The Third-Thursday Book Discussion Group’s November selection is Pearl Buck’s Pulitzer Prize-winning novel The Good Earth. The 1931 novel is a heartfelt look at the life of Chinese farmer Wang Lung and his family’s struggle to live off the land in early twentieth-century China. The novel outlines not only Lung’s passion for acquiring and working his land amid famine and other hardships, but it gives readers a revealing look at Chinese ideas about family, women, marriage, religion, and class relations.
Insights into Chinese culture and society can also be had by exploring the life of the author. Buck was raised in China by her missionary parents and that gave her great access and insight into the lives of working Chinese families. For Buck, who grew up bilingual, it also presented keen challenges as she tried to fit into two separate worlds – both China and the United States. She emerged as a prolific writer, a passionate advocate for social justice and an American who is credited with changing Western perceptions of China.
Readers will find an insightful and highly readable look at her life in Hilary Spurling’s 2010 biography, Pearl Buck in China: Journey to the Good Earth. Spurling makes clear Buck’s evolution as a woman profoundly influenced by her parents – particularly her Presbyterian father’s single-minded devotion to his missionary work – and the sights she witnessed growing up – particularly the Chinese marginalization of female infants and children. The biography also presents Buck’s development as a novelist, work that was influenced by Chinese storytelling and her ability to observe Chinese society firsthand and then convey people’s inner struggles in emotionally-rich popular fiction.
Spurling is frank about how Buck has been depicted in the past. Even though The Good Earth has sold tens of millions of copies worldwide, “Buck is virtually forgotten today,” writes Spurling. “She has no place in feminist mythology, and her novels have been effectively eliminated from the American literary map. In the People’s Republic of China, her fiction remains unique because it accurately depicts the hard lives of an illiterate rural population ignored by the Chinese writers who were Buck’s contemporaries and subsequently obliterated from the record by Community Party doctrine. ‘In China she is admired but not read,’ ran a recent article in the New York Times, ‘and in America she is read but not admired.’ ”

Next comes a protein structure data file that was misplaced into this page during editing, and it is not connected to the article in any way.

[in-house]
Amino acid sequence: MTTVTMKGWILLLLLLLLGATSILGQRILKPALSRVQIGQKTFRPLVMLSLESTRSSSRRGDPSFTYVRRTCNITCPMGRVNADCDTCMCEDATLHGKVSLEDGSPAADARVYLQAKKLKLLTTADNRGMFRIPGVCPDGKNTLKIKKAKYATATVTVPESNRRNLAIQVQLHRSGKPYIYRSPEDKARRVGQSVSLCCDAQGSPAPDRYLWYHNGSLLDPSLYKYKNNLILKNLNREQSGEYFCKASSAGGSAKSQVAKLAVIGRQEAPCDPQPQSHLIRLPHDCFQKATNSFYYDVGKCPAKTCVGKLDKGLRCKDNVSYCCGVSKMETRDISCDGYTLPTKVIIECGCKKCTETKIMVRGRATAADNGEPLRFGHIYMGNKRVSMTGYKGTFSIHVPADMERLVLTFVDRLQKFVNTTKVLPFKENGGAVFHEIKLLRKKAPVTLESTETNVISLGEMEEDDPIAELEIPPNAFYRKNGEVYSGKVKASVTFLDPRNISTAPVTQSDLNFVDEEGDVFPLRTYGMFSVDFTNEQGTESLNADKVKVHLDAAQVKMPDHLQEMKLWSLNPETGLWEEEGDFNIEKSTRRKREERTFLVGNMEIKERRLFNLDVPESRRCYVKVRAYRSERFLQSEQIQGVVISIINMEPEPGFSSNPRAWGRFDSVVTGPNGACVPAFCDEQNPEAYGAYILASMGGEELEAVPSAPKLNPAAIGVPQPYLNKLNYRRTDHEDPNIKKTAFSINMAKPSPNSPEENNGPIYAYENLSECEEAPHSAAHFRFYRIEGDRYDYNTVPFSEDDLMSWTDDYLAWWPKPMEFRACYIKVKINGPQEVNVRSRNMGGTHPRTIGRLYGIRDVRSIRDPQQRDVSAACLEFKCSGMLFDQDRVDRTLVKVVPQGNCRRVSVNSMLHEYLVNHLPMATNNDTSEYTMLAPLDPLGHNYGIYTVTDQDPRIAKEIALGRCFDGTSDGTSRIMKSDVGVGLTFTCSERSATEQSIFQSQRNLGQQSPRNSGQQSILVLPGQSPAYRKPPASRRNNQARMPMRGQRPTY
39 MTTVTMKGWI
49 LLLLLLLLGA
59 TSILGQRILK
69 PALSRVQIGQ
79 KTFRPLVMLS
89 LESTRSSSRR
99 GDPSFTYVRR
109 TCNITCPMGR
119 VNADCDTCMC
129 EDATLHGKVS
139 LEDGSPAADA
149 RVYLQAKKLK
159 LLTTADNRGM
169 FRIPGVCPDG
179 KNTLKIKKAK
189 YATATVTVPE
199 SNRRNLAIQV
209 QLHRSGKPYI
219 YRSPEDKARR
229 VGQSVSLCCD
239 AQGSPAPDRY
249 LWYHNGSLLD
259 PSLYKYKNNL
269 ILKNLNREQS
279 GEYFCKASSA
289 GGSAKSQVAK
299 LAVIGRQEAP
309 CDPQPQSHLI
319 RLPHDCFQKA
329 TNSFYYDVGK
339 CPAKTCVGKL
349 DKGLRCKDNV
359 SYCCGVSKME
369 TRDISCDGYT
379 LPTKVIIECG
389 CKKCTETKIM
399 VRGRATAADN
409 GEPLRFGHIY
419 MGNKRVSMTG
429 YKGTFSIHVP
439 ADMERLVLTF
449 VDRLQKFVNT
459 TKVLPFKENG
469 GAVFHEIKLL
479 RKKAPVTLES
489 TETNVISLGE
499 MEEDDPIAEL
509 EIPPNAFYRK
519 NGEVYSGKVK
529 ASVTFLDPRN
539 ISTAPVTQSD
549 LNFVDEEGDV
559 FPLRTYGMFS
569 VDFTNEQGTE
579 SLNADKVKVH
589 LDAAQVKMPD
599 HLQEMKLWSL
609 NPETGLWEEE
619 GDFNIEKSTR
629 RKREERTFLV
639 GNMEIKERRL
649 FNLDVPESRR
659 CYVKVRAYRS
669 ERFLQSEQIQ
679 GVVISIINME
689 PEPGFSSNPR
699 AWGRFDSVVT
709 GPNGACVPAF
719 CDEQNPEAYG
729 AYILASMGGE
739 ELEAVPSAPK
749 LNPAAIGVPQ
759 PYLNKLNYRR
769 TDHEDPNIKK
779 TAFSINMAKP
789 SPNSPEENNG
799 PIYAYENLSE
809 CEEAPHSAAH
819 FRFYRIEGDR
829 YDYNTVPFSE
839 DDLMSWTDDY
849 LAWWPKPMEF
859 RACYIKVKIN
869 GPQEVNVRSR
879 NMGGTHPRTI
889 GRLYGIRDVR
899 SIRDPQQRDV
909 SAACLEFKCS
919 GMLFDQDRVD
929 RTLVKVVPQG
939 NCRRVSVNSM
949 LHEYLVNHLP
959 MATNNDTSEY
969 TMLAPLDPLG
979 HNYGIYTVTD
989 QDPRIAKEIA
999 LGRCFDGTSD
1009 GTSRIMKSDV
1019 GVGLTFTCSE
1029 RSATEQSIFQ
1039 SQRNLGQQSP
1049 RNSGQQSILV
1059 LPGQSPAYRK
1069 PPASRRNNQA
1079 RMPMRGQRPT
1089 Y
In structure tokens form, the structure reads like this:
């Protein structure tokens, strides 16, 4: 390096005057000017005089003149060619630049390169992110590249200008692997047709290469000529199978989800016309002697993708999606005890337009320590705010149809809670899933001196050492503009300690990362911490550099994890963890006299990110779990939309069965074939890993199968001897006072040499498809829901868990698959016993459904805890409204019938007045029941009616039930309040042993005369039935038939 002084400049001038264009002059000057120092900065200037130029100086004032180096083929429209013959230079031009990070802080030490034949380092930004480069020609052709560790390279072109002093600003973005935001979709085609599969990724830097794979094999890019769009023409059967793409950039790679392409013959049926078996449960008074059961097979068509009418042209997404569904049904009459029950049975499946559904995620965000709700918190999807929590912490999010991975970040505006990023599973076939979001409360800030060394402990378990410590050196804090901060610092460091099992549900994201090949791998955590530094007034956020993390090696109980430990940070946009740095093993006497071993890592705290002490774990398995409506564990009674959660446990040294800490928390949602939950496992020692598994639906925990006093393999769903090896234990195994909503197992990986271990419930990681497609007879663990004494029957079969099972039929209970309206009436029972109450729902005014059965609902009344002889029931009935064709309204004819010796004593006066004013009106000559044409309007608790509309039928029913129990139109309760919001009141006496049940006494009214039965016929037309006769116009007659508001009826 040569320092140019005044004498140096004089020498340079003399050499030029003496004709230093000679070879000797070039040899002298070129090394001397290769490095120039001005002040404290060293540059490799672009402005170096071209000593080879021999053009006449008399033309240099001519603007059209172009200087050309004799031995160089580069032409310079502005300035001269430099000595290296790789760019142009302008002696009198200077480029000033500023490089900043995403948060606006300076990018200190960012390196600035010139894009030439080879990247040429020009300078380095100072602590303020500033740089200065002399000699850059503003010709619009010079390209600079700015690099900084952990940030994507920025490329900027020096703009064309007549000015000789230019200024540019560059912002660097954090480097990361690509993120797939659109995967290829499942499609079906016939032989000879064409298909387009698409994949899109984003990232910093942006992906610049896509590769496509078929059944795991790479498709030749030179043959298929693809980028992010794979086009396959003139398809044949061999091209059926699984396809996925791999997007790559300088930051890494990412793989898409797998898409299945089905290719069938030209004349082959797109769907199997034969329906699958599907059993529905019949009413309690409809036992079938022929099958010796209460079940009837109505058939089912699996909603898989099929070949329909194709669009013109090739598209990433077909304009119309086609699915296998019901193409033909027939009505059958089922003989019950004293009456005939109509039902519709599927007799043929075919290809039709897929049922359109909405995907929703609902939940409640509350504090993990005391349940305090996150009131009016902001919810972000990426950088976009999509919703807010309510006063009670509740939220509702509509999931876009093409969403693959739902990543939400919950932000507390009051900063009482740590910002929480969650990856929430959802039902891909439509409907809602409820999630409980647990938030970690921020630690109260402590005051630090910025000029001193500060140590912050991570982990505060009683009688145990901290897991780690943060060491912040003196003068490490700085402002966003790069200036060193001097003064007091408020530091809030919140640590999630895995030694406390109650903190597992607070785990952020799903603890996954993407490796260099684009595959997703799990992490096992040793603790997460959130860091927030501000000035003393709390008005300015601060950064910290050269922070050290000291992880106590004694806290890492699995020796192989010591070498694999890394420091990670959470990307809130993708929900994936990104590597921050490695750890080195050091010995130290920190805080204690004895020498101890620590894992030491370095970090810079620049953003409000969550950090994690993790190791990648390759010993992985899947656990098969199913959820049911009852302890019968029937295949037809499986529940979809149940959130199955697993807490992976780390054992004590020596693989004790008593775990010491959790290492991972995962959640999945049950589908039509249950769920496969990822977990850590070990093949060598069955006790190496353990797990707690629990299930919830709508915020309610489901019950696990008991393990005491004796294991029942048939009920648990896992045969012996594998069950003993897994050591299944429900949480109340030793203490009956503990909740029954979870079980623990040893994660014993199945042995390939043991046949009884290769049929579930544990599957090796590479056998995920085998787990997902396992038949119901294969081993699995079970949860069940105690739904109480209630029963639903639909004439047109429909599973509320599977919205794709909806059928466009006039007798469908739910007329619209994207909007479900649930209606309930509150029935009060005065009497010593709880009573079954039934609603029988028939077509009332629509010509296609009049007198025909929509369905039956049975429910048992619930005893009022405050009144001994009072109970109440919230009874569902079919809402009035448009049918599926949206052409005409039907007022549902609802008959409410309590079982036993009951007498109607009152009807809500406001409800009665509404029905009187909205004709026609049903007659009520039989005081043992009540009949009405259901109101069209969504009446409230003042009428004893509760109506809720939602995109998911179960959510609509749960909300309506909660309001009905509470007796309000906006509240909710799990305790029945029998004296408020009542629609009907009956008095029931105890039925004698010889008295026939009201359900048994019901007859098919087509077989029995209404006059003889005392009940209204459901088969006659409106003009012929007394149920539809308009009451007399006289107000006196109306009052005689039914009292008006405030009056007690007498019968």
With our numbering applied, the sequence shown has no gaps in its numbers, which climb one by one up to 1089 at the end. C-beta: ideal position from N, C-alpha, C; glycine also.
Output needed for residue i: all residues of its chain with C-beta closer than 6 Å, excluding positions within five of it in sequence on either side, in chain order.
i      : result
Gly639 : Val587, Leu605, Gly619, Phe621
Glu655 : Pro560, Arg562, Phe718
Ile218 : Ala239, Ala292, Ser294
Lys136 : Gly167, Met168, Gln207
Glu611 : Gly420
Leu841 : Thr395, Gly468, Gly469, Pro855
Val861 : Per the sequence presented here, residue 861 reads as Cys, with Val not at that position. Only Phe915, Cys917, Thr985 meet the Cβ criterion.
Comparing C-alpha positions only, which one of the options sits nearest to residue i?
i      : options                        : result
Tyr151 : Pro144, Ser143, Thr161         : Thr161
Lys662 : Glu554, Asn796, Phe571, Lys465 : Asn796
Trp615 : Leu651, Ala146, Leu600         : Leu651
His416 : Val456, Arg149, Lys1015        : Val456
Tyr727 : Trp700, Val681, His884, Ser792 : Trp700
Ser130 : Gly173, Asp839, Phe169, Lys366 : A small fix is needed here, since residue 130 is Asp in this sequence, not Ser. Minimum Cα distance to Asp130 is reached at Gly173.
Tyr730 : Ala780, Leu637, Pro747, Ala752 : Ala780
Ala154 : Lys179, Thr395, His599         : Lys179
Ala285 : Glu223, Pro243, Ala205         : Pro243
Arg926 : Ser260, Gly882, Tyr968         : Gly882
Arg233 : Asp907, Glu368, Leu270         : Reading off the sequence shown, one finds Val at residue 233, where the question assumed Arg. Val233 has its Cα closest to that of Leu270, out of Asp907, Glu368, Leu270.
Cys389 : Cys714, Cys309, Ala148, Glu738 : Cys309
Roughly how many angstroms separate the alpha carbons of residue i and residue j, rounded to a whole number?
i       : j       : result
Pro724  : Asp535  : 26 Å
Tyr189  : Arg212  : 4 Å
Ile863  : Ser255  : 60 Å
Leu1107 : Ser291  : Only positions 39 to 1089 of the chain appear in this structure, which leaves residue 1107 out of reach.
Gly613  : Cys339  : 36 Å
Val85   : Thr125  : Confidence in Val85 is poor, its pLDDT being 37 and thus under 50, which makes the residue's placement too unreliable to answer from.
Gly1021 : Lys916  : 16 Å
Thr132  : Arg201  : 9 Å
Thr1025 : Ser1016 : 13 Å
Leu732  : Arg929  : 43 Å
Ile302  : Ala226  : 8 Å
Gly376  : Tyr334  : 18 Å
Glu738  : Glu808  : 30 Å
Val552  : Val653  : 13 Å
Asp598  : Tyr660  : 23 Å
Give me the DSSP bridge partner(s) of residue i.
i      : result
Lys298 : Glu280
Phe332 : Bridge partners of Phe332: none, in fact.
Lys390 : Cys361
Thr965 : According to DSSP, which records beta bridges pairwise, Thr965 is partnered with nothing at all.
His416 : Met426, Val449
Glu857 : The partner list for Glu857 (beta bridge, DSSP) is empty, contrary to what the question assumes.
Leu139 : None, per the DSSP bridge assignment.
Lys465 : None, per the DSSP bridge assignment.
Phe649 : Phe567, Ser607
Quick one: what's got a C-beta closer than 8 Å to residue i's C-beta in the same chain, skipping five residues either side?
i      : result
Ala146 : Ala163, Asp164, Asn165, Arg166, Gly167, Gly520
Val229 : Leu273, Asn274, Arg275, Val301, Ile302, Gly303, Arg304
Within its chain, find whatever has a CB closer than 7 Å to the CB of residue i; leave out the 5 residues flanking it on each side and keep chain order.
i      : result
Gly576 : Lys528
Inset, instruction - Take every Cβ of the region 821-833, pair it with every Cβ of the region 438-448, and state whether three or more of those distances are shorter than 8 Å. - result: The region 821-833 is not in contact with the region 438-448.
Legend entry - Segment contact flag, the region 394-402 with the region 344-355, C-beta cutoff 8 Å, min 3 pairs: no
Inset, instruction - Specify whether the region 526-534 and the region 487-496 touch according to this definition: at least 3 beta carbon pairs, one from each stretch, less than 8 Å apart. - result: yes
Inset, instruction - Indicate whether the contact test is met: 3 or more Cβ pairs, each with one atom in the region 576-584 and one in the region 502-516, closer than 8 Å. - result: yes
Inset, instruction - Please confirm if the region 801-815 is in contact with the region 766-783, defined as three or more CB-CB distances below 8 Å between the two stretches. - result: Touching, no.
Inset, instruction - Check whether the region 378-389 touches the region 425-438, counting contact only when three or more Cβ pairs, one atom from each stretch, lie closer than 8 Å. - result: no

“Both views could do with reappraisal,” Spurling writes.
Spurling praises Peter Conn’s 1996 book Pearl S. Buck: A Cultural Biography, an in-depth and fascinating look at her work and life. Conn wound up being spurred to research Buck’s life after his contact with Welcome House when he and his wife were considering adopting an Asian child. Buck, herself an adoptive mother, founded Welcome House in 1949 as an agency to find parents for children of Asian-Caucasian ethnicity born in the United States who were seen to be “unadoptable.” The organization since has gone international. He, too, writes about how little he knew about her work and life at the book’s outset, despite her prolific output as a writer. Ultimately he remedies that with a scholarly, but thoroughly accessible, treatment of her work and life that explains both within the context of Chinese and American history.